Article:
A Primer On Christian Government | Theonomy – Part 5 of 6

In by Joel Webbon

  1. What is the sphere and assignment given by God to the civil government?

The sphere and assignment given by God to civil government is punishing criminals, establishing good order and justice in society through equal weights and measures, and praising the righteous.

  1. Does the Bible require a particular form of civil government?

The Bible allows for some flexibility and freedom in form of government, but it clearly teaches a constitutional and representative form of government, governed by Scripture, common law, and natural law, prioritizing personal, local, and covenantal relationships and loyalties, with multiple checks and balances, given the natural tendency of sinful men to abuse power. A Christian civil order requires a limited government.

  1. How is civil government to be limited?

Civil government is to be limited by honoring the assignments given to the governments of the family and the church, not meddling in or taking to itself those assignments, and remaining steadfast in the sphere and assignment given to it by God: punishing criminals and upholding justice.

  1. Who are the officers of civil government?

Following the pattern of Scripture, the officers in civil government are ordinarily qualified men who are judges, legislators, and executives, beginning with local magistrates in the city gates.

  1. What are the sanctions granted to the civil government?

God has granted the civil magistrate the sword with which to execute God’s vengeance on criminals. The basic principle is the lex talionis “eye for eye” which requires strict punitive or retributive justice and biblical restitution in cases of theft, property damage, or divorce, but may also include stripes, banishment, exile, or the death penalty. Incarceration is not an ordinary tool given to civil government.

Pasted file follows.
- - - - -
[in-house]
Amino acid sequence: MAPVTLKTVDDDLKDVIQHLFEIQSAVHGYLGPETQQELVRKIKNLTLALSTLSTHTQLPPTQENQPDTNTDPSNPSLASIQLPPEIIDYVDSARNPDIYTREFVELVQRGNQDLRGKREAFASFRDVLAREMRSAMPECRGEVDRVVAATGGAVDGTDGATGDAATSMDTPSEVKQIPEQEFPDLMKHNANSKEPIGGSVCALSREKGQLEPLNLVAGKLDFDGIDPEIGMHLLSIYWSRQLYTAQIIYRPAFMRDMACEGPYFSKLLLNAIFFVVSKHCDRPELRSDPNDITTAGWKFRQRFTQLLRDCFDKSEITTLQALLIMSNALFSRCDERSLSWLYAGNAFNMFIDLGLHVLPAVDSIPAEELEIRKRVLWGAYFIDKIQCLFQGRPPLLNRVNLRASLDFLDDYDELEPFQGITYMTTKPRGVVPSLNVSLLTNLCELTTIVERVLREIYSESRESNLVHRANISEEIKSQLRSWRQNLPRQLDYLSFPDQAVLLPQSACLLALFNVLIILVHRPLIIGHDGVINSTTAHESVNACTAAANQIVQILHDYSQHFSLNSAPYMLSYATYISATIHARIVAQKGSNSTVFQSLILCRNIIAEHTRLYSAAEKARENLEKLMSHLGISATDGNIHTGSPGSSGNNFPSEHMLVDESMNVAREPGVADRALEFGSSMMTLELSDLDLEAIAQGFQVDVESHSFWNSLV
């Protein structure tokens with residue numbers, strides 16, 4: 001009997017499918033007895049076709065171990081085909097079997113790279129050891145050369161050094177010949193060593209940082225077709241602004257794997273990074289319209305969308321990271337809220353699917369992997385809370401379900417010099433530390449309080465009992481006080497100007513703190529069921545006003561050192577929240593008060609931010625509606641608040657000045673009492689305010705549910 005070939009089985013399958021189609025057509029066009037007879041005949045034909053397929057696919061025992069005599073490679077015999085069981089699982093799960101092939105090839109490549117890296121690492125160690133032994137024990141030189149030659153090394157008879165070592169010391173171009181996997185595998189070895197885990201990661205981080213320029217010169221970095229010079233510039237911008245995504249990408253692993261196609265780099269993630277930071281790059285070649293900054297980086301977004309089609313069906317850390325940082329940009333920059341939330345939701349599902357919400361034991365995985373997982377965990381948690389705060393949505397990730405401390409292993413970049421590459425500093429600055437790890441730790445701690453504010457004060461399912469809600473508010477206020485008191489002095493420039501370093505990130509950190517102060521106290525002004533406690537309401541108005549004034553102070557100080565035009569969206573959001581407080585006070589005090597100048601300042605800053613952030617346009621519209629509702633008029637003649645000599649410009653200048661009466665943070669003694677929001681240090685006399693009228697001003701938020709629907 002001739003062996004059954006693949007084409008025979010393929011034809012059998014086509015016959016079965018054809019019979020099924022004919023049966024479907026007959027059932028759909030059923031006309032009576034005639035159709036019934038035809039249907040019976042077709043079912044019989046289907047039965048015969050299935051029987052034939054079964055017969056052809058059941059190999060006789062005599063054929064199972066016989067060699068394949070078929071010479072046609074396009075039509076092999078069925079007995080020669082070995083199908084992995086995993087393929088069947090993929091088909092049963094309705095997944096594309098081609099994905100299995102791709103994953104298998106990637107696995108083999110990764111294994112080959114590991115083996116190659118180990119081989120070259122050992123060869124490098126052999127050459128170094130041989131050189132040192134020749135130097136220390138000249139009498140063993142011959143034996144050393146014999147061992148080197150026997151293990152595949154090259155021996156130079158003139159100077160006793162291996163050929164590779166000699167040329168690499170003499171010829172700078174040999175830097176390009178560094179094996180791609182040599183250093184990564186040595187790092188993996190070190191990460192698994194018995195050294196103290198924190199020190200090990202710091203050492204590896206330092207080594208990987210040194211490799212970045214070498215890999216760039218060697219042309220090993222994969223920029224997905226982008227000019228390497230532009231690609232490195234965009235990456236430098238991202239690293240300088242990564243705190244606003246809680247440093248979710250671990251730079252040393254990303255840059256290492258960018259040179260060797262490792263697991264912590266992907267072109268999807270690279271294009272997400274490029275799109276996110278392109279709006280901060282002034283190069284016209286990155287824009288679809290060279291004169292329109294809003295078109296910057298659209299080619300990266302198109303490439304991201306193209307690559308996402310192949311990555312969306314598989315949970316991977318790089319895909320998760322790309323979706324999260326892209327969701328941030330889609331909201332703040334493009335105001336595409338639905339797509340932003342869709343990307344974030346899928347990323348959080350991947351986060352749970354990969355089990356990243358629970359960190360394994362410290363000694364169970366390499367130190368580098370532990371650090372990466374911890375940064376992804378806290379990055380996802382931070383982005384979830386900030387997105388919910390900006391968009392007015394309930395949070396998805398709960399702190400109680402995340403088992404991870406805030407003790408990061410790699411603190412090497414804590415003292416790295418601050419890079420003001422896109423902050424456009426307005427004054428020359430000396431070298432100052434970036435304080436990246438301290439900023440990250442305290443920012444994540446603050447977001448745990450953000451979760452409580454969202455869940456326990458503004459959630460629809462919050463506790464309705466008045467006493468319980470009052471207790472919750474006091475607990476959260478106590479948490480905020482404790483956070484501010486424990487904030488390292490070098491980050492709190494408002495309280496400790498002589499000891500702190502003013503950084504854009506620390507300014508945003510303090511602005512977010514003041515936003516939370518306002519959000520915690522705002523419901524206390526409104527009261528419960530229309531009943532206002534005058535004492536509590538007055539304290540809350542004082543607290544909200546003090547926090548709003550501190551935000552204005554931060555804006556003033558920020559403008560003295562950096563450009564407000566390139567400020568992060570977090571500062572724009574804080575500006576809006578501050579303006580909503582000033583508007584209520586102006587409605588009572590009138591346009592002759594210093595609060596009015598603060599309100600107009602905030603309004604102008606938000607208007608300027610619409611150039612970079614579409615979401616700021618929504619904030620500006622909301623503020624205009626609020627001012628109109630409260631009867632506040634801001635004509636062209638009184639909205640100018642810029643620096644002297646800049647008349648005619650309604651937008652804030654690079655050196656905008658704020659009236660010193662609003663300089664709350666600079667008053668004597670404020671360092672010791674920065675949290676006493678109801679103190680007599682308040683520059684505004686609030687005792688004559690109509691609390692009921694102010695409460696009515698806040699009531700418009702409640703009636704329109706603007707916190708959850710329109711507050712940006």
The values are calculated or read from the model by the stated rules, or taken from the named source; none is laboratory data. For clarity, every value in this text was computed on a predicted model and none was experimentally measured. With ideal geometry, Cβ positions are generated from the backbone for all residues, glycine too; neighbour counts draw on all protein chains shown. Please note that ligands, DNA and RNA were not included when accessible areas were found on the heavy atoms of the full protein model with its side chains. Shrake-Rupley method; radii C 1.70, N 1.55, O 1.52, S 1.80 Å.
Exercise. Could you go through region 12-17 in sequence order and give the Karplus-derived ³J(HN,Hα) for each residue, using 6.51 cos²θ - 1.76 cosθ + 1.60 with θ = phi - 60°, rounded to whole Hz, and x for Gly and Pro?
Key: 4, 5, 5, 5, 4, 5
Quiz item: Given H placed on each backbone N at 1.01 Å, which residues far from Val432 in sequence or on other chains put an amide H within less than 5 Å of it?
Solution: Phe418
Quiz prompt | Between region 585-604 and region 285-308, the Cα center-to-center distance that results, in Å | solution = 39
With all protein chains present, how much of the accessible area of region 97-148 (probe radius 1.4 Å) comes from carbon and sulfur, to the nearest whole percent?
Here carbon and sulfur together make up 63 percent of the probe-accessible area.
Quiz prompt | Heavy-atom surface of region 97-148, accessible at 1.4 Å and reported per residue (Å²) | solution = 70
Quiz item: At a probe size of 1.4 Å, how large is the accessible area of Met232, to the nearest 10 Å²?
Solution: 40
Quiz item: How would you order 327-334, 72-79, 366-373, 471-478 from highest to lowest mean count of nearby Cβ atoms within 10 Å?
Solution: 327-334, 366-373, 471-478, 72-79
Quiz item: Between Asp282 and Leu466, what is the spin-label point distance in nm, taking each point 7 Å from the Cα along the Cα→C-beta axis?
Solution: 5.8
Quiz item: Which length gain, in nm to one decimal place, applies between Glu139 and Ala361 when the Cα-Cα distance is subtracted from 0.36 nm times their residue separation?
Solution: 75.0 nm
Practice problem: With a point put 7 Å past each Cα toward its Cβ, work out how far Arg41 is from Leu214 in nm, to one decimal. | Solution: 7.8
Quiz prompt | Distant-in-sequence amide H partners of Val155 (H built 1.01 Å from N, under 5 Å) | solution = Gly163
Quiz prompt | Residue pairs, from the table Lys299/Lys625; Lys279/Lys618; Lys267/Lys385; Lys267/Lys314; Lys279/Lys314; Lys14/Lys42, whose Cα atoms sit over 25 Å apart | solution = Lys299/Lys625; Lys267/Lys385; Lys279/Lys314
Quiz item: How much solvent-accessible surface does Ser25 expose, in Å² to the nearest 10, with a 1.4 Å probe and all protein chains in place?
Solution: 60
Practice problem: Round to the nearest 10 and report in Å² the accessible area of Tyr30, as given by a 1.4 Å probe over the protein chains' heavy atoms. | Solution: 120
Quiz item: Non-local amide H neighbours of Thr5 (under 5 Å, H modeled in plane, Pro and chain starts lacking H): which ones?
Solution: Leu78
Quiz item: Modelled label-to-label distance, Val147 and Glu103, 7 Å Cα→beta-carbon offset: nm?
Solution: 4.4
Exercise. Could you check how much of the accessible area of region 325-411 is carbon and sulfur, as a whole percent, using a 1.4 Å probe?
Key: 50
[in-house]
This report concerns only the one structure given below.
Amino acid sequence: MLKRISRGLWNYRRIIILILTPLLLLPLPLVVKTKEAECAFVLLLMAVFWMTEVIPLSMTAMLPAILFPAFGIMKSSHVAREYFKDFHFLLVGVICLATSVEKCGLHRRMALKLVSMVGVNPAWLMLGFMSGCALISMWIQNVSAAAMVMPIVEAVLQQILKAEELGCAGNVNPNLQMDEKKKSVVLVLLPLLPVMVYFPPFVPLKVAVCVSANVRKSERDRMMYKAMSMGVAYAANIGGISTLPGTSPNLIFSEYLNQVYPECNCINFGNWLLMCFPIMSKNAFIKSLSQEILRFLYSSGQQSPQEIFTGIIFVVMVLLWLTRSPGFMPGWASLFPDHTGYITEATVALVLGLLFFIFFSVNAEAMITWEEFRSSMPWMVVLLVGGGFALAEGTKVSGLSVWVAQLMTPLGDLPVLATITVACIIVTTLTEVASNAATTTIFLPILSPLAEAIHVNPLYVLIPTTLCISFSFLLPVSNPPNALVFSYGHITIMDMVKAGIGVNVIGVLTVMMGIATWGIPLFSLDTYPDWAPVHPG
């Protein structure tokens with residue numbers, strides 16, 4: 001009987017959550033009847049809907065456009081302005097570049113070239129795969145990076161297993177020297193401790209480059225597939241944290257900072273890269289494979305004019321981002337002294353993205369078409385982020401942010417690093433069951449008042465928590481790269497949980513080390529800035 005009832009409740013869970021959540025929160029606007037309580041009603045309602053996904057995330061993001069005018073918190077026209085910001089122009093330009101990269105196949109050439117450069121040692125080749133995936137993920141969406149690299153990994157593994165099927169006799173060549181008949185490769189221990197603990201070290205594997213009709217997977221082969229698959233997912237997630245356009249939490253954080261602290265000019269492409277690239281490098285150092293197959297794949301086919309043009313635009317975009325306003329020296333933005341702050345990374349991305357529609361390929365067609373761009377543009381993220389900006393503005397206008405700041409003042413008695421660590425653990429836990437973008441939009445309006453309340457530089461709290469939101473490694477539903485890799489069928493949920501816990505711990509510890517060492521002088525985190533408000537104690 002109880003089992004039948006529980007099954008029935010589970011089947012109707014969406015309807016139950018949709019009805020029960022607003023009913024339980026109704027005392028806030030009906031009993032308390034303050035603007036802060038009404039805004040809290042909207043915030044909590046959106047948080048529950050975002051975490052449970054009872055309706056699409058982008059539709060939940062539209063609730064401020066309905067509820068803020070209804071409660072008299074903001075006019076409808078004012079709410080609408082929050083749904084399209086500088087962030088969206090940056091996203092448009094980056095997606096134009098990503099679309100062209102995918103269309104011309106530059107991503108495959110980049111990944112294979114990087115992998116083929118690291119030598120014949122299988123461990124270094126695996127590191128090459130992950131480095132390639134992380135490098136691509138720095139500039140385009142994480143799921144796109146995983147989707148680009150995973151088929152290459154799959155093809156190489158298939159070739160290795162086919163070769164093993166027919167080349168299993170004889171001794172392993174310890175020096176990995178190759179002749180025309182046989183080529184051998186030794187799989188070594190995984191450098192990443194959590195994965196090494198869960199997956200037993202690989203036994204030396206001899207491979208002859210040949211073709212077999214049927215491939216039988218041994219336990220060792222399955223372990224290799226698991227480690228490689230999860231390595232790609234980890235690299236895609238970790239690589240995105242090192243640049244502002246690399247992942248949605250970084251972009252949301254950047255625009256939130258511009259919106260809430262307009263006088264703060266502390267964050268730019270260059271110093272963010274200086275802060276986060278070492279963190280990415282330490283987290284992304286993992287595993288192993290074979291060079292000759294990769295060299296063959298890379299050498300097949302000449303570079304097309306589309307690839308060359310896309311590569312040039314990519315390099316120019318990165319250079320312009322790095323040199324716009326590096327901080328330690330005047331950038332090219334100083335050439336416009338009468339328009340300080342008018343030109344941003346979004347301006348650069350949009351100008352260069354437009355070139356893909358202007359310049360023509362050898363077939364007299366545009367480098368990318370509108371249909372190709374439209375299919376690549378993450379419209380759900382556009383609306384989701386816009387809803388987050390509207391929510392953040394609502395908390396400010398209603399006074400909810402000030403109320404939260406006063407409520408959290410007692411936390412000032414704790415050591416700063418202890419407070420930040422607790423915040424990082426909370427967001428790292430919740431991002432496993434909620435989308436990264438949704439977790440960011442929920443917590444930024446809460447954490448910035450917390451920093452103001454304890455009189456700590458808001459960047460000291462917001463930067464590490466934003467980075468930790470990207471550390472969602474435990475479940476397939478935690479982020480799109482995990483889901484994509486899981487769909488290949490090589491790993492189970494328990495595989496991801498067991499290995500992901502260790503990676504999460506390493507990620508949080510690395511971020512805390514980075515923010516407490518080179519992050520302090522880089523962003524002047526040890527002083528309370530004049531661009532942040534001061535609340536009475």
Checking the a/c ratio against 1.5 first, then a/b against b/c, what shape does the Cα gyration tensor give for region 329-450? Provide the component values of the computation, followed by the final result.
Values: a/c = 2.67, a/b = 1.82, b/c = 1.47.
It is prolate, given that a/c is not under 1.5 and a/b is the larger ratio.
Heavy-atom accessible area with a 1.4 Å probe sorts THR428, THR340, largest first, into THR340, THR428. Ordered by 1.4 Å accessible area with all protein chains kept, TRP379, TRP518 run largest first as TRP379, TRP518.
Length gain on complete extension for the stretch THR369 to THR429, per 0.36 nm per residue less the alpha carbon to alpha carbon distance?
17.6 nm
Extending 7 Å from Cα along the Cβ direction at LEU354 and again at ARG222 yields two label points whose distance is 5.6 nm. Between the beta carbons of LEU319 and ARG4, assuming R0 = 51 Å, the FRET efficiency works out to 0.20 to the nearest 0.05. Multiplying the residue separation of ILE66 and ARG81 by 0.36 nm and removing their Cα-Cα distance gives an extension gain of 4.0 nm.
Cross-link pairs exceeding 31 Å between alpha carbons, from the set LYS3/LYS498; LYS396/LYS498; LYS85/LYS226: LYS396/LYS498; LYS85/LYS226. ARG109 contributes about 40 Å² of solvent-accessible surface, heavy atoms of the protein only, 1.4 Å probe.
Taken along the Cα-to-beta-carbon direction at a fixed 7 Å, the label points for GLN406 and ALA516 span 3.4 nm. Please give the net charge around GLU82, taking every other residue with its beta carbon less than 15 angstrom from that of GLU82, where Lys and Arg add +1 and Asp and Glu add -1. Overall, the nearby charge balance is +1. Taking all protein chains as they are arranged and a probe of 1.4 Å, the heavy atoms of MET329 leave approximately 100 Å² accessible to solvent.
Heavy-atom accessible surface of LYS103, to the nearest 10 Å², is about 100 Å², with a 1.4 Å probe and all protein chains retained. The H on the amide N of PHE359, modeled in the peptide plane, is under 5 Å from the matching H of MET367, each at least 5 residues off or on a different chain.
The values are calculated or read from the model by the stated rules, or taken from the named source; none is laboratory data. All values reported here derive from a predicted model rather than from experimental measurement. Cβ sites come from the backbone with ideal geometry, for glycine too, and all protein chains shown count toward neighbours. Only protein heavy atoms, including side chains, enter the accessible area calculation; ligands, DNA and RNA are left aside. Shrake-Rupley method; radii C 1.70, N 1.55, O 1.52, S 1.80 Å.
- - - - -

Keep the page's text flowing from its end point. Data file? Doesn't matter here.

1. What is the difference between a sin and a crime?

Not all sins are crimes, but all crimes, if defined by the Bible, are sins. However, sins are the jurisdiction and ministry of individuals, families, and churches. Crimes are the jurisdiction of the civil magistrate and do objective, public harm to life, liberty, or property. The Bible identifies crimes as those actions which require restitution or penalty by civil magistrates. For example, in the Bible, drunkenness and ethnic animosity are sins but not crimes, while adultery is a sin and a crime.

  1. Are the civil laws of ancient Israel binding on all civil governments for all time?

No. The specific laws of ancient Israel have expired with that nation state. However, those laws were based on the general equity of moral justice based on the eternal character of God. Since that eternal character cannot change, those common law principles are still binding on all nations for all time.

  1. What does natural law teach and require?

Natural law is the revelation of the eternal character and attributes of the Triune God found in all of His creation, including His image found in all human beings in their conscience, customs, creativity, and cultures, and it teaches and requires all men to acknowledge Him as Creator and praise and obey Him in all things. Because of sin, natural law must be interpreted and checked by Scripture.

  1. What is the difference between “preventative” and “punitive” justice?

Preventative justice is the attempt by humanists to prevent crimes by limiting liberty through endless regulations, fines, and inspections, whereas biblical punitive justice leaves men free and only punishes where actual crimes have occurred.

  1. What is necessary for a civil magistrate to administer just punishment?

Civil magistrates administer just punishment when crimes are clearly identified in the Bible, confirmed by the mouth of two or three witnesses, when the accused have the right to answer their accuser and cross examine any witnesses, and when the penalty is commensurate with the crime. In short, the Bible requires fixed, equal weights and measures, due process, presumption of innocence, and convictions based on established facts, evidence, and testimony.

  1. Does the Bible require the execution of rebellious children, adulterers, or homosexuals?

No. The Bible allows the death penalty as a maximum sentence for such crimes, but only requires execution for intentional murder.

  1. Since God establishes the authority of civil magistrates, must they always be obeyed?

No. Jesus says that we must only render unto Caesar what belongs to Caesar, but we must always render unto God what belongs to God.

You can find the full catechism on Toby’s blog here: https://www.tobyjsumpter.com/a-catechism-on-the-governments-50-questions-answers/